Bill Ackman, the charismatic whiz-kid Billionaire founder of Pershing Square, a hedge fund, is one of the savviest investors you will ever meet. In an interview, he revealed that his philosophy is to buy very high quality companies which are dominant and super-predicable, with free cash flows, with a moat around them, businesses that are not exposed to commodity prices, etc. He also revealed that he likes to research companies thoroughly and make super-concentrated bets on them. “Why invest funds in the eleventh best idea when the first ten can do the job” he asked.
The fund has assets worth about $20 Billion (Rs. 1,35,000 crore). As of February 2015, there were six major stock holdings in the portfolio of which Allergan took up 34%, Air Products & Chemicals took up 17%, Canadian Pacific Rail took up 14% and a few other stocks make up the balance.
Valeant Pharmaceuticals is Pershing Square’s latest acquisitions. The Fund has invested 20% of its capital in Valeant. Bill Ackman described Valeant as the “next Berkshire Hathaway” owing to its strategy to systematically acquire other companies in order to increase its own value.
Everyone followed Bill Ackman’s lead and piled on to Valeant Pharma, turning it into the “hottest stock on Wall Street”.
Unfortunately, the party came to an end when certain public spirited citizens asked why the Company is engaged in “price gouging” by aggressively raising the prices of life-saving drugs. Hillary Clinton, a presidential candidate, took a cue from the public outrage and promised to end arbitrary pricing for drugs if she was voted into power. That sent the stock price of Valeant and other Pharma stocks tumbling over fears that the Government may impose price regulations.
The nail in the coffin was when Citron Research, run by activist short-seller Andrew Left (who is actively shorting Valeant), alleged accounting malpractices and fraud in Valeant and its affiliate Philidor and called it the “next Enron” (see timeline of Valaent scandal).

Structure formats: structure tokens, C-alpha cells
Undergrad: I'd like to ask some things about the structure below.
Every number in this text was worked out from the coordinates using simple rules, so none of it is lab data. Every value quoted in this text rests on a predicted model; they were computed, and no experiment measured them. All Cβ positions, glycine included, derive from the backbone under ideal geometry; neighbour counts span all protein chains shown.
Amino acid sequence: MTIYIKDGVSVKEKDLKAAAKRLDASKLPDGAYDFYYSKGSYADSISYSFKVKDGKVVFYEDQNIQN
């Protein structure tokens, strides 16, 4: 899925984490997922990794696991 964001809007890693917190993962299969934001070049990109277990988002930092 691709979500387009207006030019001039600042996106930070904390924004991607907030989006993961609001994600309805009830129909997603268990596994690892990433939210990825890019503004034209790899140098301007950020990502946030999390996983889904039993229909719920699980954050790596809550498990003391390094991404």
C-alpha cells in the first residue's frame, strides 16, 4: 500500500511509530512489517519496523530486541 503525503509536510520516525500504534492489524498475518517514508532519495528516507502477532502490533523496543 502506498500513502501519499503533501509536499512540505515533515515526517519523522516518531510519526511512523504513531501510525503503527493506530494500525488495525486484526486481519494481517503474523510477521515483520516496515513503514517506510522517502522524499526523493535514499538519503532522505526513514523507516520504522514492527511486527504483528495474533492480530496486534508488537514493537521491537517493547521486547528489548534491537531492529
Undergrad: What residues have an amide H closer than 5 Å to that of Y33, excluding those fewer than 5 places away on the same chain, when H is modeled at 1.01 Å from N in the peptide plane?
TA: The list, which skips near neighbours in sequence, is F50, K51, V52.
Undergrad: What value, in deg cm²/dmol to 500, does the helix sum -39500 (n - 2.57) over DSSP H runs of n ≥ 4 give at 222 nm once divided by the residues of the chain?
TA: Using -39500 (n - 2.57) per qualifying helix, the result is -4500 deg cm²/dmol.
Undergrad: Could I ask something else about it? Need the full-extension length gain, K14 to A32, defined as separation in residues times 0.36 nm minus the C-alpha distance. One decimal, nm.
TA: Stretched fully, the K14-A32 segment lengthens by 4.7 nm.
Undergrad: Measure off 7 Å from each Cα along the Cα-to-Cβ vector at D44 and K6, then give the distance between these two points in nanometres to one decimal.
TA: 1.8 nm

Since then, the stock has been on a nosedive. In just the last three months, Valeant has lost nearly 63% of its market capitalisation. The loss in the last month is itself 47%. In the last five days, the stock is down 20%. According to Bloomberg, Valeant’s market capitalization went from $2 billion in 2010 to $90 billion in August, only to crash below $35 billion in less than three months.
The worst part is that Citron Research, the short-seller who broke the news about the Enron-like fraud in Valeant, sent an ominous tweet on Friday evening promising that it would reveal “dirty news” on Monday which would send Valeant to zero!
— Citron Research (@CitronResearch) October 30, 2015
When reports last came in, Bill Ackman was desperately trying to defend Valeant and prove that it is not guilty of the alleged misdemeanors.
However, the important take-home point from the episode is that a concentrated portfolio carries enormous risks. Though Pershing Square, Sequoia Fund, the other funds and their army of researchers did all possible due diligence, they still got taken for a ride because of some circumstance or event that they could not foresee. If such super-savvy investors are not able to foresee risks, ordinary investors like you and me have no chance at all. If we get one or two stock picks wrong, our portfolio can be destroyed beyond repair.
This reminds me of the advice offered by Kevin O’Leary, the fund manager. Kevin says (@17.20) that “Diversification is the only free lunch in investing”. He says that the basic principle that he follows is never to invest more than 5% of the portfolio in any one name no matter how great the story is. Also, he ensures that the allocation to any one sector never exceeds 20%.
It is also worth noting that almost all the savvy investors that we track such as Dolly Khanna, Vijay Kedia, Ashish Kacholia etc have diversified their portfolios, stock-wise and also sector-wise.
So, given the debacle that Bill Ackman’s portfolio is seeing right now, it would be sensible to follow Kevin O’Leary’s advice and ensure that our portfolio is properly diversified so as to avoid any unpleasant consequences.